CLOCKWORKToday went like clockwork with all the appointments happening right on time.   First Bracken and I spent two hours picking berries.  Then the fellow I hired to help me catch up on some barn cleaning showed up.

 

NEW WASHING MACHINE

We decided to purchase a washing machine with an agitator spindle because we have not been happy with the way the clothes were being cleaned, plus we like the tub fill of water at times to soak the clothes.  Since our last machine lasted just over a year, we decided to roll the years back and get one like we had a few years ago.  This is a 4.2 GE model.  The installers were here 5 minutes early and were done in 20 minutes, taking the broken one with them.

 

VET VISIT

Butler needs some health tests before he can join the other boys, which he so badly wants to do.   Here he is watching them while waiting for the vet and his long needle to draw blood.

 

And after all that, I had a 3 hour phone conference as we are setting up a new sheep registry.   It has been a very busy day.

 

 

2018
07/31

Category:
farming
Garden
Life
sheep

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Meet Bracken; Meet Butler

Meet Bracken:

Bracken is an 8-year-old border collie who was in the top 50 in sheep dog trials in the US.   She is being retired here because she needs a job and I need a dog that knows how to bring in the sheep when needed.   I got so much more than I expected.   She is incredibly loving and sweet.   She stepped into the stall tonight at feeding time, and I saw her do nothing, but the sheep filed out, I filled feeders and then let them back in.   That was so much more pleasant than trying to put hay in feeders over the top of the sheep.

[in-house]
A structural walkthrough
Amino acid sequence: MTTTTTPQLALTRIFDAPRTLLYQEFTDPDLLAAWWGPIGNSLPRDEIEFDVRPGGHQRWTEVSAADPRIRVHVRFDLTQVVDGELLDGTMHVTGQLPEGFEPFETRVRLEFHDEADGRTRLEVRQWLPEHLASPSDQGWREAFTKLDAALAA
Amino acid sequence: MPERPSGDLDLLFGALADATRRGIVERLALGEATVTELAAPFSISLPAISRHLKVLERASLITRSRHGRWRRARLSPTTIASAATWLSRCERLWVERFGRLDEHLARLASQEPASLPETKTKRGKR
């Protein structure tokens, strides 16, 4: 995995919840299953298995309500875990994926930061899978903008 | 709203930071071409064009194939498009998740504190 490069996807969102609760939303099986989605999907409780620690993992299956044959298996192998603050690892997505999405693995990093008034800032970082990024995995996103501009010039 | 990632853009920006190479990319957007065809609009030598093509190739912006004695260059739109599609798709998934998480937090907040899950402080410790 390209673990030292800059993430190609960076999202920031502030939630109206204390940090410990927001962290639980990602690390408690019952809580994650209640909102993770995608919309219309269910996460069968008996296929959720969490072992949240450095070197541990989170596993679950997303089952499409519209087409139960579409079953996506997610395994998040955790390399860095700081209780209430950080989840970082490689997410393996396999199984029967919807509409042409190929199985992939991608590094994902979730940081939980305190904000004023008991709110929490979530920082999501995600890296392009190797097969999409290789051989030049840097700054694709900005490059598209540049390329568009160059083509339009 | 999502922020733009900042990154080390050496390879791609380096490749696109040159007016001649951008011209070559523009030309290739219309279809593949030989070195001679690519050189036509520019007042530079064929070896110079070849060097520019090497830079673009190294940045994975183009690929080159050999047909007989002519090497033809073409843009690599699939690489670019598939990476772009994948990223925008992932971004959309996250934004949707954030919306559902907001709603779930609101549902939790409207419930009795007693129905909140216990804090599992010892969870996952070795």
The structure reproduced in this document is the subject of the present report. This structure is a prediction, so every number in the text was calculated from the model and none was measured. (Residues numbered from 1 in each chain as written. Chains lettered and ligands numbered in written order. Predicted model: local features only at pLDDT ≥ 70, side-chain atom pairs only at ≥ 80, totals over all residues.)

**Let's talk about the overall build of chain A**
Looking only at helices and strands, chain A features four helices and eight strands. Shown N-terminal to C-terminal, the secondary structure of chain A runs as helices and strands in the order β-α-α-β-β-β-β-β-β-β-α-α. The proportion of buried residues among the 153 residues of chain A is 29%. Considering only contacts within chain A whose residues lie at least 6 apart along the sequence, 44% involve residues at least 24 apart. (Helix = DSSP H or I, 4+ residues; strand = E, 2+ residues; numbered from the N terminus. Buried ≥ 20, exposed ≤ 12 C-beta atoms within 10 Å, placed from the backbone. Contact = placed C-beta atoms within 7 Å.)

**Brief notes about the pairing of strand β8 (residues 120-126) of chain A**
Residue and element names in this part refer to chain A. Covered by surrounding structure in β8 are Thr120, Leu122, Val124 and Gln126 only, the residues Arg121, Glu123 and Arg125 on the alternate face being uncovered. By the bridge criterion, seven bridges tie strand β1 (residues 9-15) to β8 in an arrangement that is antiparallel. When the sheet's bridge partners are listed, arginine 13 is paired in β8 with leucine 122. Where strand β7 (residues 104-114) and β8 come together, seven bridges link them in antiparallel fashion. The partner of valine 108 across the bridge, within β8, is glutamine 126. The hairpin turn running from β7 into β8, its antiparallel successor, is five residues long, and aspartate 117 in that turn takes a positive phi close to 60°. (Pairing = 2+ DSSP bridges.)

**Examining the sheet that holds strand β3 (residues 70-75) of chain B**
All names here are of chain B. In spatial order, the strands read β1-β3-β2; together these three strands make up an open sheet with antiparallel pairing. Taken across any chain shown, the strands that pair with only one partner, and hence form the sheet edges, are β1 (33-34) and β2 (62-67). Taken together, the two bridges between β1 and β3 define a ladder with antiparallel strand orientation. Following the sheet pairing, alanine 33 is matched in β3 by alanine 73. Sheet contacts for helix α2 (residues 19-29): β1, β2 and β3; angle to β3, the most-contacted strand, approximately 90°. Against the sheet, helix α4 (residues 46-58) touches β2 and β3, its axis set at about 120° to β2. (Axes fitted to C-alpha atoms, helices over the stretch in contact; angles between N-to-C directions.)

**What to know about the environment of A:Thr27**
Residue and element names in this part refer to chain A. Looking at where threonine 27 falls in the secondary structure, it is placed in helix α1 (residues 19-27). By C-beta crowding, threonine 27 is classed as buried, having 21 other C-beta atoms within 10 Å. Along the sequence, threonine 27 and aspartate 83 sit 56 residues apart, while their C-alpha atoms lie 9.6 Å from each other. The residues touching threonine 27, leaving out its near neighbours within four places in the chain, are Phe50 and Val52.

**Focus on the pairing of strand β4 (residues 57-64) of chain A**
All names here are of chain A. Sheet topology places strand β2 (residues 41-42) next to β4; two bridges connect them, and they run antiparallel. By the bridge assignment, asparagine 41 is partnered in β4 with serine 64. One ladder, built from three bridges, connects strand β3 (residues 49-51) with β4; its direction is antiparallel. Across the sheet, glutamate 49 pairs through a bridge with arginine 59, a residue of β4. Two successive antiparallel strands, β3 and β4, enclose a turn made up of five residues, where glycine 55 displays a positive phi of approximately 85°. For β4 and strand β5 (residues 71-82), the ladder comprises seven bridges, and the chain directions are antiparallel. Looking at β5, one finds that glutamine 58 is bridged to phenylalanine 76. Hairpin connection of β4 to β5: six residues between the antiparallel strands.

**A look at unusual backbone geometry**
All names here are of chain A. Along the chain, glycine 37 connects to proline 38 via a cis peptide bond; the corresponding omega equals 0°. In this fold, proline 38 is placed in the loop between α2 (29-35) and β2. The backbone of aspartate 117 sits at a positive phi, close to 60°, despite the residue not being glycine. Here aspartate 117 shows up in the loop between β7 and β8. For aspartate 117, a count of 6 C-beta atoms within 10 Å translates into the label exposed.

Meet Butler:Butler is our new polled ram who will service the daughter of the rams we have been using.   He is not only beautiful, he has very soft wool and is halter trained.   He will make a great addition to the Shetland flock.

Look at gorgeous red peppers.   What a difference a hoop house and a very hot summer make!

2018
07/26

Category:
farming
Garden
Knitting
Life

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Autumn socks are finished

 

Autumn socks are finished because I am dealing with spotty internet.   They are made from Lorna Laces sport weight wool on #4 needles.  I’m not crazy about how much orange is in the pattern, and can hardly believe I bought this yarn.  So I used plain stockinette stitch and they are done and wearable.   And when I’m wearing socks, I’m not looking at them, so who knows, the person looking at them may like these colors.  

The internet here has been extremely spotty because of modem problems.  I have been having horrible withdrawals, however, there is enough to do around here, that I have kept busy.   There are now 90# of blueberries in the freezer.  The socks are done. The garden is doing well, though, it has to be watered daily.   The dogs are digging holes in the dirt to stay cool.   It is an unusually hot summer.